The 100-day deportation suspension applies to any noncitizen living in the interior of the United States, with some limited exceptions, not to people who recently crossed the border. Terrorists and suspected terrorists as well as anyone who engages in espionage or poses a threat to national security can still be removed, according to the memo

Also, noncitizens who entered the U.S. after Nov. 1 and people who volunteer to be removed can also be deported. The memo also says noncitizens can be removed if the director of ICE makes the determination they should be removed after consultation with other ICE officials.

The DHS memo also outlined who will be prioritized for deportation once the moratorium is over.

We’re also getting a better understanding of what will be President Biden’s enforcement priorities, which seem to reflect the president’s promises on the campaign trail that he would only deport people who have been convicted of a felony and explicitly not people with a DUI. Obama, by contrast, had deported immigrants with DUIs and minor offenses.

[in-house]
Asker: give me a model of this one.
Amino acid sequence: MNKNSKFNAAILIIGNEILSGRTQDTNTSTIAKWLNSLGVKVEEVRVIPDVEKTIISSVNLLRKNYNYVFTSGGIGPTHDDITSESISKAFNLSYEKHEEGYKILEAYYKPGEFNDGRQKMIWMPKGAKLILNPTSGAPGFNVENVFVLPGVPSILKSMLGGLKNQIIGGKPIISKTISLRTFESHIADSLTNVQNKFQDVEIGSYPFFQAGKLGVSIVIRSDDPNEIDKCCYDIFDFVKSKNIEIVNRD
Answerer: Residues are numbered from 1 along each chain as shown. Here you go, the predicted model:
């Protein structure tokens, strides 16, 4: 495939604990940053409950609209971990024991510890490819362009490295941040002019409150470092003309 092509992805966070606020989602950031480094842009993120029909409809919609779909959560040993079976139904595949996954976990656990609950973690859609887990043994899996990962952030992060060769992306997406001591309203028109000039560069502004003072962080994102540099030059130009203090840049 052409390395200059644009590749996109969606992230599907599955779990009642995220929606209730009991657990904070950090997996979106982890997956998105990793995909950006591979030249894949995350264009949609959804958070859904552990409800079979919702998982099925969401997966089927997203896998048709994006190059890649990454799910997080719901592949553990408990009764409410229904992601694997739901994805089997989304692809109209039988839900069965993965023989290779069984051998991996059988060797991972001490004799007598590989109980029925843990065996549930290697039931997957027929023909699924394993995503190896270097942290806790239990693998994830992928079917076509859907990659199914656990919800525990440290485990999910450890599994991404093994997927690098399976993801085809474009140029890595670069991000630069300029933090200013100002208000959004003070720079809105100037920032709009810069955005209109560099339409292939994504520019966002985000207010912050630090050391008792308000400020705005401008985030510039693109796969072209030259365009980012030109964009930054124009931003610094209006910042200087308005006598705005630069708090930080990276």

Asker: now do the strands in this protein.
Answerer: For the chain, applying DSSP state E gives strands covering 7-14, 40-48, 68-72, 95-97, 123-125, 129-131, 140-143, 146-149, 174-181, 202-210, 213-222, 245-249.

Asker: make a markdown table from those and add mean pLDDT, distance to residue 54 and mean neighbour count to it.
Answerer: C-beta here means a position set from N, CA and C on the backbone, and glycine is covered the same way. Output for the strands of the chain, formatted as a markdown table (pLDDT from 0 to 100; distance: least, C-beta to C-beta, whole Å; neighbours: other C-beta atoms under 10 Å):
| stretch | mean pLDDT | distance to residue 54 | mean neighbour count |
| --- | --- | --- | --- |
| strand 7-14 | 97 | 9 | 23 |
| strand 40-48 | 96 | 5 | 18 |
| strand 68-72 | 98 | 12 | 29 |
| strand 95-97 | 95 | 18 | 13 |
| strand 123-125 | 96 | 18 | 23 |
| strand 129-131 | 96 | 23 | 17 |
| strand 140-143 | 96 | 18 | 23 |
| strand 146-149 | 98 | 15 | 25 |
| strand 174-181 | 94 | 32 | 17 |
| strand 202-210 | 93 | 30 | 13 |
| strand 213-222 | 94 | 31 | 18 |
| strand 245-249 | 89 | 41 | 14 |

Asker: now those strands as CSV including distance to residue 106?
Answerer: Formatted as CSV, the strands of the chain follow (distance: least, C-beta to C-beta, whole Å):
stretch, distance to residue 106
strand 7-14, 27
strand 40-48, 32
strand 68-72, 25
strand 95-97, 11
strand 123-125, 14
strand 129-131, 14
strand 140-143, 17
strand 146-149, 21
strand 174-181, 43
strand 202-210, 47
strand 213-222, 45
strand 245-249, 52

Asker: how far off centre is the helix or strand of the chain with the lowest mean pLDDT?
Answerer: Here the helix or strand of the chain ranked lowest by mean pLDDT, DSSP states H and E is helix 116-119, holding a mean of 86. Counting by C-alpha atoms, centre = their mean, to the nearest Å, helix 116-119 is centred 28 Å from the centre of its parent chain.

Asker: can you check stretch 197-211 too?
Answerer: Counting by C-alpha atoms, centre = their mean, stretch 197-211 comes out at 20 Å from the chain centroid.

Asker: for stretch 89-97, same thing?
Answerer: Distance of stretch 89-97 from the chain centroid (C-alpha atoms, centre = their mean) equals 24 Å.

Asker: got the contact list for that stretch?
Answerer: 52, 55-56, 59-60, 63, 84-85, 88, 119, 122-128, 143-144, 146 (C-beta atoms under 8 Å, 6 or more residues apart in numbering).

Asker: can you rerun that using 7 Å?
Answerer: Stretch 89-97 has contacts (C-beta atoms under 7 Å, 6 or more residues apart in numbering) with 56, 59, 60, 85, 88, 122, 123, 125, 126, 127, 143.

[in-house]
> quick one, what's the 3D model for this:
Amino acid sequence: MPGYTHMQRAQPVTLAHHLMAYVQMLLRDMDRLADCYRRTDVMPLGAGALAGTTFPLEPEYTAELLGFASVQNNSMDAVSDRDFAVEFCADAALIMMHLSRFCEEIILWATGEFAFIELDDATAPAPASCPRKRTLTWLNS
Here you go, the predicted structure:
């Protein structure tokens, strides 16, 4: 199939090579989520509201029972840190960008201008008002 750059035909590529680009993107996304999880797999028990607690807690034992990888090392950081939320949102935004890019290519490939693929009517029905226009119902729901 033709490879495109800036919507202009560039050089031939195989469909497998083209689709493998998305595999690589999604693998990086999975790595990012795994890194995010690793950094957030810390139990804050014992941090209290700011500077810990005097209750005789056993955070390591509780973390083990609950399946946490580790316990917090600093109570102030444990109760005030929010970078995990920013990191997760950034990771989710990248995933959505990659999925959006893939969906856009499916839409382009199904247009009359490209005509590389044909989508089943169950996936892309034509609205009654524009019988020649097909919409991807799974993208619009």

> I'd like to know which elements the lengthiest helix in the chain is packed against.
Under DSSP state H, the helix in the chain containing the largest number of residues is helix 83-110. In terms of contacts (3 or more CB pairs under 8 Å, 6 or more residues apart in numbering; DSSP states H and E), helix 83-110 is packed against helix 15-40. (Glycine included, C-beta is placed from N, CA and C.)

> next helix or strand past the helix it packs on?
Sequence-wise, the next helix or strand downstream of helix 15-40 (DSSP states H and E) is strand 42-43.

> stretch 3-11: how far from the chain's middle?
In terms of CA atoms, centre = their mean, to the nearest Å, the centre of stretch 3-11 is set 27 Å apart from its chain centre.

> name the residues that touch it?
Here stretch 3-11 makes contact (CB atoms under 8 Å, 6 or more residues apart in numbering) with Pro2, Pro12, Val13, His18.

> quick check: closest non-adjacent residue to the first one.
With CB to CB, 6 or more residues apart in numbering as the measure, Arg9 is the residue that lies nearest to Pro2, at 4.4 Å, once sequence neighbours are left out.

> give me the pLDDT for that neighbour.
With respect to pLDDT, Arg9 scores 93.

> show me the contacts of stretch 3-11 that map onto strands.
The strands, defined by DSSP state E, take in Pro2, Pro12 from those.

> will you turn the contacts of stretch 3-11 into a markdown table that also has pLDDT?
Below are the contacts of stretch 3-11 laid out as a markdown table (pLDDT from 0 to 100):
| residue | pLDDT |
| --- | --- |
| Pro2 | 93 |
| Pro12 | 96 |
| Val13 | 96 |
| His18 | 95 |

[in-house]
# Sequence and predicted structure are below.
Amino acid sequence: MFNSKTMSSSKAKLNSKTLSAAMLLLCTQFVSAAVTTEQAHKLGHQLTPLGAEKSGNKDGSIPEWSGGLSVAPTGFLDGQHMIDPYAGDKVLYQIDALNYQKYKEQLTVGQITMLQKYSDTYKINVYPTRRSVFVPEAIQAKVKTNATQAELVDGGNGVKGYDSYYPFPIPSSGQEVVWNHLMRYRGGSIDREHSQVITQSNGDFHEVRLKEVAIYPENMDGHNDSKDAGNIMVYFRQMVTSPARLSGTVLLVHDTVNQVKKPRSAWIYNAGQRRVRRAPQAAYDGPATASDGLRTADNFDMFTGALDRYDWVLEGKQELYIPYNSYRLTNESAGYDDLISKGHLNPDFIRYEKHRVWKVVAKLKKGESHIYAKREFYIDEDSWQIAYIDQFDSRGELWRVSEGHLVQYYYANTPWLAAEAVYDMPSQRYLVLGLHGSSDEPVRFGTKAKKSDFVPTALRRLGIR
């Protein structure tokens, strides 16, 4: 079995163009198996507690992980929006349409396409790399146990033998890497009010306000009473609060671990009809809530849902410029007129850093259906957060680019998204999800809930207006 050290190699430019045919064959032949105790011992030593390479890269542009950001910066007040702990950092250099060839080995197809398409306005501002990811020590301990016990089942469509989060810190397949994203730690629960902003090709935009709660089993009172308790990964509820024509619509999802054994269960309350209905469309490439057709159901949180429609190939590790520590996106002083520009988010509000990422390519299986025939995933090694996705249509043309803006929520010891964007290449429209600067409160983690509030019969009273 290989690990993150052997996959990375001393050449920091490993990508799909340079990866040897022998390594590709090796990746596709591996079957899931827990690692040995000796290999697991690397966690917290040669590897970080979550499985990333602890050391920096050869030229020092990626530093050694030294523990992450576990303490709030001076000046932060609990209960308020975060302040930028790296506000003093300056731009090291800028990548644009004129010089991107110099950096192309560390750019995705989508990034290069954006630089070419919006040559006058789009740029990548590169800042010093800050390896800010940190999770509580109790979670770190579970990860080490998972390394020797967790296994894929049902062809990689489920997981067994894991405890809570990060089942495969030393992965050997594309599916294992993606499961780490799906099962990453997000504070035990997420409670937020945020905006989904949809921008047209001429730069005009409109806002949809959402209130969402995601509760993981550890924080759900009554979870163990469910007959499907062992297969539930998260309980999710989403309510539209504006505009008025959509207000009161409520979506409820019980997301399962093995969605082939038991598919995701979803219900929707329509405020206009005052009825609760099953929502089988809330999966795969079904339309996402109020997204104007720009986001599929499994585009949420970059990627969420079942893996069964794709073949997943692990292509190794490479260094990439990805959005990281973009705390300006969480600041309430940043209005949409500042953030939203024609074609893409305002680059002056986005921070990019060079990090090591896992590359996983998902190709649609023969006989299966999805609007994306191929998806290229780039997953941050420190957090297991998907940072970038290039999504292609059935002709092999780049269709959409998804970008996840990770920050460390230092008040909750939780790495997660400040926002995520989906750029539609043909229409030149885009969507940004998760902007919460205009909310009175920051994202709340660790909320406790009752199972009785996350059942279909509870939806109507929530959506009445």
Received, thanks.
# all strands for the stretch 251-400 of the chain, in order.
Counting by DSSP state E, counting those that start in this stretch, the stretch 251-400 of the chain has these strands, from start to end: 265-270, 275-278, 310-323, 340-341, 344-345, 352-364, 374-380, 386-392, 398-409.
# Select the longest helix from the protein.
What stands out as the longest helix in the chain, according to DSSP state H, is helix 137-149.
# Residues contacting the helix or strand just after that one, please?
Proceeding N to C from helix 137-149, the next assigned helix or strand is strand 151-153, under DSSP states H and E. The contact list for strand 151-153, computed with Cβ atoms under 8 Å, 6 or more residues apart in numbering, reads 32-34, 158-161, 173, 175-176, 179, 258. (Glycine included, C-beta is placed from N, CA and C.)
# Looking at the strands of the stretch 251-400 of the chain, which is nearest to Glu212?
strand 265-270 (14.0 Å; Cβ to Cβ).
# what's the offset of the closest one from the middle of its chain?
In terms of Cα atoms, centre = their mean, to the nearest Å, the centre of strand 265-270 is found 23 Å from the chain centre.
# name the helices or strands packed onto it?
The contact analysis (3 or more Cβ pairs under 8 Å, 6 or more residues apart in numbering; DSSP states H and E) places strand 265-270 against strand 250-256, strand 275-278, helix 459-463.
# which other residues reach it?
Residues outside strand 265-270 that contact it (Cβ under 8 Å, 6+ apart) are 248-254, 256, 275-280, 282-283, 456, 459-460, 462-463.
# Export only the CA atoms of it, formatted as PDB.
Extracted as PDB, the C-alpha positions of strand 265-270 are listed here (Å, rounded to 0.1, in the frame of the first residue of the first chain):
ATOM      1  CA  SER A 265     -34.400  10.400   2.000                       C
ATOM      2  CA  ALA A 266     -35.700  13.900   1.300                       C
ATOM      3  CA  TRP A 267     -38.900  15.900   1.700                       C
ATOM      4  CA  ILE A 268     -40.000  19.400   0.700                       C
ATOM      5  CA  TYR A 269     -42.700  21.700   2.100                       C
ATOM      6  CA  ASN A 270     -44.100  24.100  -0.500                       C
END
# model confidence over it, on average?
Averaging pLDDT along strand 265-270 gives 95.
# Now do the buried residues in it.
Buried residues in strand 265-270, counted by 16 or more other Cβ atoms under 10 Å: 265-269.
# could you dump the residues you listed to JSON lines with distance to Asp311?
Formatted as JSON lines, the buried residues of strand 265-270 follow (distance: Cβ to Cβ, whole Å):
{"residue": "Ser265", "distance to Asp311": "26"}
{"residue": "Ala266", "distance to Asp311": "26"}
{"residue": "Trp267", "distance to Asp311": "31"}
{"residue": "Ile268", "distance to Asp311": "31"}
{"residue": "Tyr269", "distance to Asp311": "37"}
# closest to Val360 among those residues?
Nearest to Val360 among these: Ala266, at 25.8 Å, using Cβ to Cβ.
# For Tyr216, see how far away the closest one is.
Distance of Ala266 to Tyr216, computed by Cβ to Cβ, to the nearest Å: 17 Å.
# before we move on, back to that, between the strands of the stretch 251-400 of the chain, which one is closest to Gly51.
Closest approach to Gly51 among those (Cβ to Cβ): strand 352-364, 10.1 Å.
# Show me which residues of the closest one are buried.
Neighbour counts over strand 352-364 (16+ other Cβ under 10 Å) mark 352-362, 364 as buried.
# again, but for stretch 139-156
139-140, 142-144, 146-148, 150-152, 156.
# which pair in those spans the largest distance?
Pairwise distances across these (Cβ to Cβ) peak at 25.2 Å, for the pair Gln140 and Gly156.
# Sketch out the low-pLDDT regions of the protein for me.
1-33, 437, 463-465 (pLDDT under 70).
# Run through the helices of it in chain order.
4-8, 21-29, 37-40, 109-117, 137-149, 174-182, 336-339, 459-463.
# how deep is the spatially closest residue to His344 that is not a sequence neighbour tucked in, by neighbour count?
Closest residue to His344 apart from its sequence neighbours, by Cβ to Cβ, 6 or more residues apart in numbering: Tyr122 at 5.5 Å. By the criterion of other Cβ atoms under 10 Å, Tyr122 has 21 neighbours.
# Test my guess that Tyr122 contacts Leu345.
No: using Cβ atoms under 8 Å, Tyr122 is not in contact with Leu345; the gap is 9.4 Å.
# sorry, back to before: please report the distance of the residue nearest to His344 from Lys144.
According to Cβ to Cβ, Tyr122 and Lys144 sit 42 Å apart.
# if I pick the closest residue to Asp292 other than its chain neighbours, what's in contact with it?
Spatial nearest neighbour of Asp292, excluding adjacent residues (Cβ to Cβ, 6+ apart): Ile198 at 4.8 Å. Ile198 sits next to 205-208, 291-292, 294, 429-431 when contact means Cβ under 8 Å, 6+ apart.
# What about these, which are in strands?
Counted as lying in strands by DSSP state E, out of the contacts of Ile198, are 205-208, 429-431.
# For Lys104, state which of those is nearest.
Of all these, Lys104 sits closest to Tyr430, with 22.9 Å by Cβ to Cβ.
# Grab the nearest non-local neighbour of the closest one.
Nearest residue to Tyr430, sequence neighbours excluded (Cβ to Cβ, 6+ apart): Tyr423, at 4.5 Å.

Most migrant advocacy groups praised the move even if they’re still raising lingering concerns.

It will give people fighting their deportation cases a chance to possibly remain in the U.S. and prevent more families from being separated while awaiting an overhaul of the immigration system including a legalization program for undocumented people that Biden has also promised, Sandra Solis, an organizer with the Phoenix-based Puente Movement, told AZ Central.